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News & Views of Phillips Since 1976
Tuesday July 16th 2024

On a Cool 145th Memorial Day Thoughts and Emotions Gathered and “Warmed” by Music, a Call to Youth, and Challenge for Peace “without a Shot-Fired

By Sue Hunter Weir

It was hard to tell whether summer has passed us by or is just late in coming. Memorial Day was a gray, somewhat chilly day this year. The crowd wasn”'t as big as it has been on sunnier, warmer days but that didn”'t dampen their enthusiasm. People have turned out at Pioneers and Soldiers Memorial Cemetery for 145 years to honor those who have died during wars. Given that purpose, it is for the most part a solemn event–except for the music. There is nothing quite like a John Phillips Sousa march to get a crowd tapping their toes. The Seward Concert Band helps set the mood for the day with marches and patriotic songs. When the band plays a medley of service songs veterans of the Army, Coast Guard, Marines, Air Force and Navy rise in turn, salute the flag and are applauded by an appreciative audience.

This year”'s observance was a blend of old and new. The words and the music were all familiar. There were several new faces leading different parts of the ceremony. Commander Dick Ward of American Legion Post One was the emcee. Pastor Dan Elifson, formerly of Salem Evangelical Free Church offered the invocation and the benediction. Mary and Kelby Grovender provided some much needed guidance to us in our singing.

The emphasis of this year”'s keynote speech by Brigadier General Dennis W. Schulstad (ret”'d) was on young people. He paid special tribute to the students from the Colin Powell Leadership Academy who participated in this year”'s ceremony: Cadet Toriano Jones who read General Logan”'s Orders, Cadet Harry Rainville who read the Gettysburg address and an Honor Guard provided by Chris Poposil, Devon Linnihan, Alex Benavidez, Tyler Morgan and Steve Storm.

It is the young people, he said, “bright, well-educated and trained to use the best equipment in the world” who guarantee the survival of American civilization because of their willingness to make sacrifices on our behalf. He paid tribute to his own father, who was not a professional soldier but a student at the University studying accounting, who left school to fly B52s over Germany during World War II.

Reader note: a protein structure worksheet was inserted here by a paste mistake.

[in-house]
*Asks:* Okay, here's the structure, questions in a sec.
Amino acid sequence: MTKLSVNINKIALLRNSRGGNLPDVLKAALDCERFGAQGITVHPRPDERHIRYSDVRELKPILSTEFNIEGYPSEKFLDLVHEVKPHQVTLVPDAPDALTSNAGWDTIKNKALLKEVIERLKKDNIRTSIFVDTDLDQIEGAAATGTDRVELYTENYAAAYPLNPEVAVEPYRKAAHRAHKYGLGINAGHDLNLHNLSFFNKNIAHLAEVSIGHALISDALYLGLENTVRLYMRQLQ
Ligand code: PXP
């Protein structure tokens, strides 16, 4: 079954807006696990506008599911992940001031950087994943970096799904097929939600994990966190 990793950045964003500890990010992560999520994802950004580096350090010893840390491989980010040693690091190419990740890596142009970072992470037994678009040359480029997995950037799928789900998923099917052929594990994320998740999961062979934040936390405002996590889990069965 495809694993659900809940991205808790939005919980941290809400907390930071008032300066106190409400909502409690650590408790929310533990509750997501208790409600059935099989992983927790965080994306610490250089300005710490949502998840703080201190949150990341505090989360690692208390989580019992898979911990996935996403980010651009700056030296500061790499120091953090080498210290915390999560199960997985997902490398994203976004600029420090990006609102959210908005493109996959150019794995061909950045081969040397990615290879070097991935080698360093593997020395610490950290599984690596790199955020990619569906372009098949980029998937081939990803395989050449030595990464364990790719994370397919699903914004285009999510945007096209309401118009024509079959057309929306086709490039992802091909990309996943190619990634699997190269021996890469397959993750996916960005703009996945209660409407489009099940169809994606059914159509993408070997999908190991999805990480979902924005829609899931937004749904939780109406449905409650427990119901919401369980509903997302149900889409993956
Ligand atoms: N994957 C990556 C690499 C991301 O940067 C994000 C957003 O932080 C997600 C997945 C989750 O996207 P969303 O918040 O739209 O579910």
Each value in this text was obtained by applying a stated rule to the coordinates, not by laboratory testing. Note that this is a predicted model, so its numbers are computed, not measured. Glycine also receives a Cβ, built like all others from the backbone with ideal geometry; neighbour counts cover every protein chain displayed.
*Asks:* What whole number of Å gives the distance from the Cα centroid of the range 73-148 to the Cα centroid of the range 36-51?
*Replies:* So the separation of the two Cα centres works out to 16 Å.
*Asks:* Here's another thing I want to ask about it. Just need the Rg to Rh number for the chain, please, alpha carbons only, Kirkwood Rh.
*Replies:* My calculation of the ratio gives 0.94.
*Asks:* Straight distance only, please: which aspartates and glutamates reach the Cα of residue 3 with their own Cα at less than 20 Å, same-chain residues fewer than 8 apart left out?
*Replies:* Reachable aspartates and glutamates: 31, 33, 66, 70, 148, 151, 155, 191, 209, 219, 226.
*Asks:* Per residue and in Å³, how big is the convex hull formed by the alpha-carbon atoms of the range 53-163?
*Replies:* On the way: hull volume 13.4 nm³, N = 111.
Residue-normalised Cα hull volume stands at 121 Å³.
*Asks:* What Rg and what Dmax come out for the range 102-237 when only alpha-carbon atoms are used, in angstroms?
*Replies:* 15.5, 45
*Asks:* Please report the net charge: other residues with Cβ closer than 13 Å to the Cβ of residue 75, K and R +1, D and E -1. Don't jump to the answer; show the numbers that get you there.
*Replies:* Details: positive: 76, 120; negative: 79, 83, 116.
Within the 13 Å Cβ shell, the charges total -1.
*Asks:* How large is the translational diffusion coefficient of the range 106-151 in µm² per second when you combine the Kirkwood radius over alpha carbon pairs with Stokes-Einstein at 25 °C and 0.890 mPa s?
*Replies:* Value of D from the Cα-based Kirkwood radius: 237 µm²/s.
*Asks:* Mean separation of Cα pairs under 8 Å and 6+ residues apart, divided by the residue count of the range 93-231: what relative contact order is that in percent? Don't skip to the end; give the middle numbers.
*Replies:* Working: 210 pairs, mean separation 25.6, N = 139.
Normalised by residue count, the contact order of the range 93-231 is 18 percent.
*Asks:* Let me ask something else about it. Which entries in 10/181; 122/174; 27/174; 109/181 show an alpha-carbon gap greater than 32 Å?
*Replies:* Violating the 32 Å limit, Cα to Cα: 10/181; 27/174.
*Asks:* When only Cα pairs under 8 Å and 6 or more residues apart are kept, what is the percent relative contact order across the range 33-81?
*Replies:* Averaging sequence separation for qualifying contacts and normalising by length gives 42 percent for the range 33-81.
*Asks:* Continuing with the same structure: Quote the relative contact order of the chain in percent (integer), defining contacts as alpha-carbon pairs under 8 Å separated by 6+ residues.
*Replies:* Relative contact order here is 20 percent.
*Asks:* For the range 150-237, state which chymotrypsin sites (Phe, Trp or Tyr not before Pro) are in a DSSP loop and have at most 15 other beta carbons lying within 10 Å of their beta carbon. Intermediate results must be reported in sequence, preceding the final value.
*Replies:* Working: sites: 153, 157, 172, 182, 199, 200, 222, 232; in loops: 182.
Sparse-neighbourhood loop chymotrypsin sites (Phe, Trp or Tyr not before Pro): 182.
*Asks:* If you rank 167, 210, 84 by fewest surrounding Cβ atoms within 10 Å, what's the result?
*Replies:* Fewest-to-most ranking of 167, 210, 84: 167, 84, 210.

Out of all the wars in which the United States has been involved, he believes that the “best” was the Cold War because, despite a supply of nuclear weapons that could “blow up half the world,” the war ended without a shot being fired””there was no loss of life.

It”'s okay, Schulstad said, for some people to spend Memorial Day at ball parks and big Memorial Days sales because “men and women who served gave their lives for our freedom: Freedom to work, freedom to live, and freedom to worship”“or not worship” as they choose. Once a year, for a brief time, we stop to remember that.


There are approximately 200 veterans buried in the Cemetery.

War of 1812~Four

Civil and Indian Wars~164

Spanish American War~16

World War I~1

145th Memorial Day Celebration Service at Pioneers and Soldiers Cemetery

Prelude Music by Seward Concert Band

John Stewart, Conductor

Post the Flags by JROTC Color Guard

Star Spangled Banner Sung by Audience

Pledge of Allegiance by Audience

Opening Remarks by Richard Ward Veteran MC

Invocation by Reverend Dan Elifson, Salem Church

General Logan”'s Orders by Cadet Toriano Jones, MTS

Memorial Day Address by Brigadier General

Dennis Shulstad, U.S. Air Force (ret)

God Bless America sung by Audience

Gettysburg Address by Cadet Harry Rainville

Music Selection by Seward Concert Band

America the Beautiful sung by Audience

Benediction by Reverend Dan Elifson

Everyone processes to the Grand Army of the Republic Cemetery Plot for the placing of Wreaths and to Render Honors

Taps by Seward Concert Band

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